In announcing the consultation, Scottish government minister for business Jamie Hepburn said: “Cash retention in construction industry contracts is common practice, including in the public sector. Its purpose is to ensure the contractor completes the job. However, it must be used proportionately and responsibly. The Scottish Government believes in fair and transparent working practices and a culture that supports prompt payment is essential to secure investment and jobs. Having listened to the construction industry’s concerns, a public consultation on the use of retentions in construction contracts will take place in spring next year."
SEC Group Scotland chairman Eddie Myles said he was delighted that the Scottish Government had decided to act on this issue. He added: “This announcement follows representations made by SEC Group Scotland at a meeting of the Cross-Party Group in the Scottish Parliament attended by the business minister. He was urged to act now rather than wait for any solution promulgated by the UK government which could take four or five years to come to fruition.”
Alan Wilson, SEC Group’s national executive officer, said that the Scottish government had already been presented with a solution by the co-chairmen of the Review of Public Sector Construction Procurement whose report was published over five years ago: “The review recommended that retention monies should be ring-fenced in a trust fund akin to the status accorded to monies held in project bank accounts. We expect the consultation to invite responses on this option.”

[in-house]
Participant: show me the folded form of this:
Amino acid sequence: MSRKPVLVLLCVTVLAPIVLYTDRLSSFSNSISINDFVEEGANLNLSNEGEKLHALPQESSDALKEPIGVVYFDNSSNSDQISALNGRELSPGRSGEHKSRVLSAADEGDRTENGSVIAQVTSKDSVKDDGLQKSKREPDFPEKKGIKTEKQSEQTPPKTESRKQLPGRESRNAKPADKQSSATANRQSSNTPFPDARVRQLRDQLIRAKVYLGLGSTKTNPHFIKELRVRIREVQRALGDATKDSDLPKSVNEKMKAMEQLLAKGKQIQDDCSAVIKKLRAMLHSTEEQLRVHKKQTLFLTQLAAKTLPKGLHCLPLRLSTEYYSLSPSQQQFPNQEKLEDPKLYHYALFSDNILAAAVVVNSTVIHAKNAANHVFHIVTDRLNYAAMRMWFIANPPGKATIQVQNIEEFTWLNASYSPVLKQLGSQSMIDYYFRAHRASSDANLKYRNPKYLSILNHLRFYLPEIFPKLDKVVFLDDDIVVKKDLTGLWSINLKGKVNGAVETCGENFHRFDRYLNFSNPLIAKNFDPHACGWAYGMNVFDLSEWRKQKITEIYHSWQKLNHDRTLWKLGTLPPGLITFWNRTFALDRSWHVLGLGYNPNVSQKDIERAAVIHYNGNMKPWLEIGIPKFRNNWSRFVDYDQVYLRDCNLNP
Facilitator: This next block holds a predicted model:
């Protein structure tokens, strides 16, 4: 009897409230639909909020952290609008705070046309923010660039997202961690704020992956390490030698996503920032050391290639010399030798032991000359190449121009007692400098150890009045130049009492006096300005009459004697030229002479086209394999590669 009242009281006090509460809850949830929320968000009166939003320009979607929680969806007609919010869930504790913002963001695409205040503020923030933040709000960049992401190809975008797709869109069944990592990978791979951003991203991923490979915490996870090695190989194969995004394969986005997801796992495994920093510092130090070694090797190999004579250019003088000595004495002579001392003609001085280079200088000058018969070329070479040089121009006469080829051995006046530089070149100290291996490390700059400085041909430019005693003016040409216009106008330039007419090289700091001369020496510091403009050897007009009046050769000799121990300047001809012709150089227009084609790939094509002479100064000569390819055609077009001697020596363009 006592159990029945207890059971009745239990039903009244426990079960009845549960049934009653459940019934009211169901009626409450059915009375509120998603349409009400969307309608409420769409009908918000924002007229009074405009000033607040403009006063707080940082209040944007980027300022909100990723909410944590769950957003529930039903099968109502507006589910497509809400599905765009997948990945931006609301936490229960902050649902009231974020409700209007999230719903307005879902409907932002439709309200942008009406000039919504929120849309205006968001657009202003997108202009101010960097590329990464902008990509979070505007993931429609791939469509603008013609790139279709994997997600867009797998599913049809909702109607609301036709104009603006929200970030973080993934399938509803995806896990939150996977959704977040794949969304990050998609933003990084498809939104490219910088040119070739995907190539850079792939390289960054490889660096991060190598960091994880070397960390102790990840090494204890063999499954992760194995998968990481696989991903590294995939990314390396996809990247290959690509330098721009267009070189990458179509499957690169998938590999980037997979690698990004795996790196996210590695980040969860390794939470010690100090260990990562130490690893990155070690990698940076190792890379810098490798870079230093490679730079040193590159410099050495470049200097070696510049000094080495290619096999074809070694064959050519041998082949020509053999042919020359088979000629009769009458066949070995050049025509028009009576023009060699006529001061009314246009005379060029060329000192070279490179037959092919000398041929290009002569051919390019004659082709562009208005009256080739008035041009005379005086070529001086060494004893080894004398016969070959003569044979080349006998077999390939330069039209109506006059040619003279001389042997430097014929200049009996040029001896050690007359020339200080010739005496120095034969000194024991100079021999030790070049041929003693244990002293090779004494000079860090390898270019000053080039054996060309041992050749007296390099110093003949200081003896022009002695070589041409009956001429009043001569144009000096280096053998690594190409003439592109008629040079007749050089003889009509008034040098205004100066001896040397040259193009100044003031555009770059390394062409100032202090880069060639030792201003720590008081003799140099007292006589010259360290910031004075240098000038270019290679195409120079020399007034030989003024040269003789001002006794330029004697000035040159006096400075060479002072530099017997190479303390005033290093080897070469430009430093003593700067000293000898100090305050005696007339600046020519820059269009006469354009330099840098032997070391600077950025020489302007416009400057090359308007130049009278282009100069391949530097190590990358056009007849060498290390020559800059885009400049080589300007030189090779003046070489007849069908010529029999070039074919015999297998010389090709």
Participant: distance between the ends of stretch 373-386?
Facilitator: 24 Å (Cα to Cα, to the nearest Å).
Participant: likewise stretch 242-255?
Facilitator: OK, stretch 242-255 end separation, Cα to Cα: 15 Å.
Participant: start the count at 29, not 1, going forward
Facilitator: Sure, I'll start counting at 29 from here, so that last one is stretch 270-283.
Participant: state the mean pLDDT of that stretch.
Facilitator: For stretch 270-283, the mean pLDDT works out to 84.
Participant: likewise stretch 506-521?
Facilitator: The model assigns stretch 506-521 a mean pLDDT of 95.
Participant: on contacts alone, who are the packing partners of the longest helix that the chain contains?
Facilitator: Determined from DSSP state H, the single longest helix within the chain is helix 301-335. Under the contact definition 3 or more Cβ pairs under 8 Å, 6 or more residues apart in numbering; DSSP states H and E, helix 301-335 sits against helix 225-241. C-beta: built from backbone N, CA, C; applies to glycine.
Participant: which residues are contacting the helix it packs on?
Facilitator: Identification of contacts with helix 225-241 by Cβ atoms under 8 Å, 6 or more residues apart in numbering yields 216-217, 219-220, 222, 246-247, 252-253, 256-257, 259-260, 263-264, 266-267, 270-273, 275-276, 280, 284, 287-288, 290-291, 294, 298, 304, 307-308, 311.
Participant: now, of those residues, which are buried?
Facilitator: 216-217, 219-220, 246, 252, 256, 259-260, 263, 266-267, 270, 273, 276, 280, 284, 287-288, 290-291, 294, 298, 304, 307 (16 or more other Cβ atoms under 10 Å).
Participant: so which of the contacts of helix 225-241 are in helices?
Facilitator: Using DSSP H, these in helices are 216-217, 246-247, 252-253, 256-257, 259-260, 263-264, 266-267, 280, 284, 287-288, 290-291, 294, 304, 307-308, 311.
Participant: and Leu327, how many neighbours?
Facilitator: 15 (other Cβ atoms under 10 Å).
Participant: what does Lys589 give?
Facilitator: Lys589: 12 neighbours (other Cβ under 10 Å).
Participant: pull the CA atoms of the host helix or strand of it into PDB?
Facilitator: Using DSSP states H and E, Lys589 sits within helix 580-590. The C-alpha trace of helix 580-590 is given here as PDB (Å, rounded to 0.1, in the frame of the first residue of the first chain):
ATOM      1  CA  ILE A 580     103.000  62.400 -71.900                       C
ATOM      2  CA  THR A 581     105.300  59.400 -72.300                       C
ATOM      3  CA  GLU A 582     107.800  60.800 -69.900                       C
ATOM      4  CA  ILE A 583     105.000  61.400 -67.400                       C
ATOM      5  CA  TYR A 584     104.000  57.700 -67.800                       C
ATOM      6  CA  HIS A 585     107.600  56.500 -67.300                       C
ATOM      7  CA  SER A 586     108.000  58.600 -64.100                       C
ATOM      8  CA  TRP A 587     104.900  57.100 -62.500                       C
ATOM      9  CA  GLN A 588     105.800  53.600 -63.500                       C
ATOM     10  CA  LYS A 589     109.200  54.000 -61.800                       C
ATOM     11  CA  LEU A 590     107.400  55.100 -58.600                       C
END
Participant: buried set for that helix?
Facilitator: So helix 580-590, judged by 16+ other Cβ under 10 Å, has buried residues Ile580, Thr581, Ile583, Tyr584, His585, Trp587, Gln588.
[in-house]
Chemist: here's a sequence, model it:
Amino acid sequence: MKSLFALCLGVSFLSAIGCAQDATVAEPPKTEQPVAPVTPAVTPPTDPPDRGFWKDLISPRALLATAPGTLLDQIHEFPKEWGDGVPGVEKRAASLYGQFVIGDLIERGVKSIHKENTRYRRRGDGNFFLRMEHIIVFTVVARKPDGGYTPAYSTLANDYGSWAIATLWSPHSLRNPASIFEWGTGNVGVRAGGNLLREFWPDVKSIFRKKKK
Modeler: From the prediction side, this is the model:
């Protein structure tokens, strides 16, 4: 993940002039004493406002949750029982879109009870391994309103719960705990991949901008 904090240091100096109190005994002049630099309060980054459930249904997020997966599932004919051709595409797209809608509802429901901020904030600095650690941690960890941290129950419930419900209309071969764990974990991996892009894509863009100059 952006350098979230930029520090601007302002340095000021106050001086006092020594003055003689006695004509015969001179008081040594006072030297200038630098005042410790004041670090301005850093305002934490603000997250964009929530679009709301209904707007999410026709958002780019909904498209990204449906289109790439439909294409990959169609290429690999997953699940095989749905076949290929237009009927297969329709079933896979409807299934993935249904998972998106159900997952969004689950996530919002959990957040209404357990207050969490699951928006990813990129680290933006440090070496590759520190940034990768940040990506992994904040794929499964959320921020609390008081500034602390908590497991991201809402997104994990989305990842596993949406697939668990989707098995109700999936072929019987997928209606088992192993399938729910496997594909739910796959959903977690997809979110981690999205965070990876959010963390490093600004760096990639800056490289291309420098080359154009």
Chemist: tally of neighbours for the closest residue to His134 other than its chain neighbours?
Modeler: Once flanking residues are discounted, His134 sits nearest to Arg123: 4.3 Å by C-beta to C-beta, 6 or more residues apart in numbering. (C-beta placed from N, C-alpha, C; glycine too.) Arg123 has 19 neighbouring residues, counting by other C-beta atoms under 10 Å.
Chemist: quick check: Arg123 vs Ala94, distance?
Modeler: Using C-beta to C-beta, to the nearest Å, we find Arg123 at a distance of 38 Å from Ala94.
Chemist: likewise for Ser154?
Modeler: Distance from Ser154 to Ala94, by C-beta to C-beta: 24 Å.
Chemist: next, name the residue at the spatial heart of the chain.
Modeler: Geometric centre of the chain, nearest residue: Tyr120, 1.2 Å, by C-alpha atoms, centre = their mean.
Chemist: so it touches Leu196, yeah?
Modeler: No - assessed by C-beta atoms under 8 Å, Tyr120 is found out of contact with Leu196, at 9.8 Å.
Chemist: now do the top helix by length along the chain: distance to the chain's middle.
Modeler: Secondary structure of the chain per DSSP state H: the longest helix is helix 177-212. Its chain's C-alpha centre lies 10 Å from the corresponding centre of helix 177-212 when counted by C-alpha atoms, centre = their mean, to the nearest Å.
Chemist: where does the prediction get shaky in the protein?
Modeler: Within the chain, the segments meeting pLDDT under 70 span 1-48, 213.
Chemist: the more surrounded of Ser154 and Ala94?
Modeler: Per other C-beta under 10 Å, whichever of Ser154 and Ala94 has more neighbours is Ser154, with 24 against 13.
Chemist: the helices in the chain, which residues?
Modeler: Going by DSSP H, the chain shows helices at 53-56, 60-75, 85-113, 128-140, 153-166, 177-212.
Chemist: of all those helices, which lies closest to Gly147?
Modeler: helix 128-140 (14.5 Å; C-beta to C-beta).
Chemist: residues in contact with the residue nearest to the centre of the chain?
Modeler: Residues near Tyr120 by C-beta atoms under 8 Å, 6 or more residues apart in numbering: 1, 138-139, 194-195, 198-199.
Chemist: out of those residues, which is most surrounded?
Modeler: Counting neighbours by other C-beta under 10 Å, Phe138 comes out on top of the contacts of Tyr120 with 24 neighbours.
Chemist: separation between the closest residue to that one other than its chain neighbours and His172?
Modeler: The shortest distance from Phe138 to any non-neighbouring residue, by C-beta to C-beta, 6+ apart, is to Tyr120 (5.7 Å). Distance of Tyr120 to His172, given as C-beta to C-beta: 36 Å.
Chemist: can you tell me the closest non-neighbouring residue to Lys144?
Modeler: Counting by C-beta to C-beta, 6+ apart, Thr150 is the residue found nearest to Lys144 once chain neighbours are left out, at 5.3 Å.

Ken Gillespie, chair of Construction Scotland, also welcomed the move. "Construction Scotland welcomes the Economic Action Plan’s intention to step up engagement with the construction sector and believes that, in the case of retentions, the aim should be to see them abolished completely by 2023. The failings in the system are widely recognised and there have been many calls for the industry’s customers and contractors to end their use. These have failed to gain traction, due principally to the lack of experience of, or research into, the use of alternative forms of project assurance.
SEC Group Scotland said that it is estimated that over £0.5bn of cash retentions will have been lost in the insolvency of Carillion. Carillion was withholding retentions from its supply chain on works at Faslane but did not have to provide a retention to the client, the Defence Infrastructure Organisation.
SEC Group Scotland represents six trade associations in Scottish construction: British Constructional Steelwork Association, Building Engineering Services Association, Lift & Escalator Industry Association, Select (Electrical Contractors Association of Scotland), SNIPEF (Scottish and Northern Ireland Plumbing Employers’ Federation) and Scaffolding Association.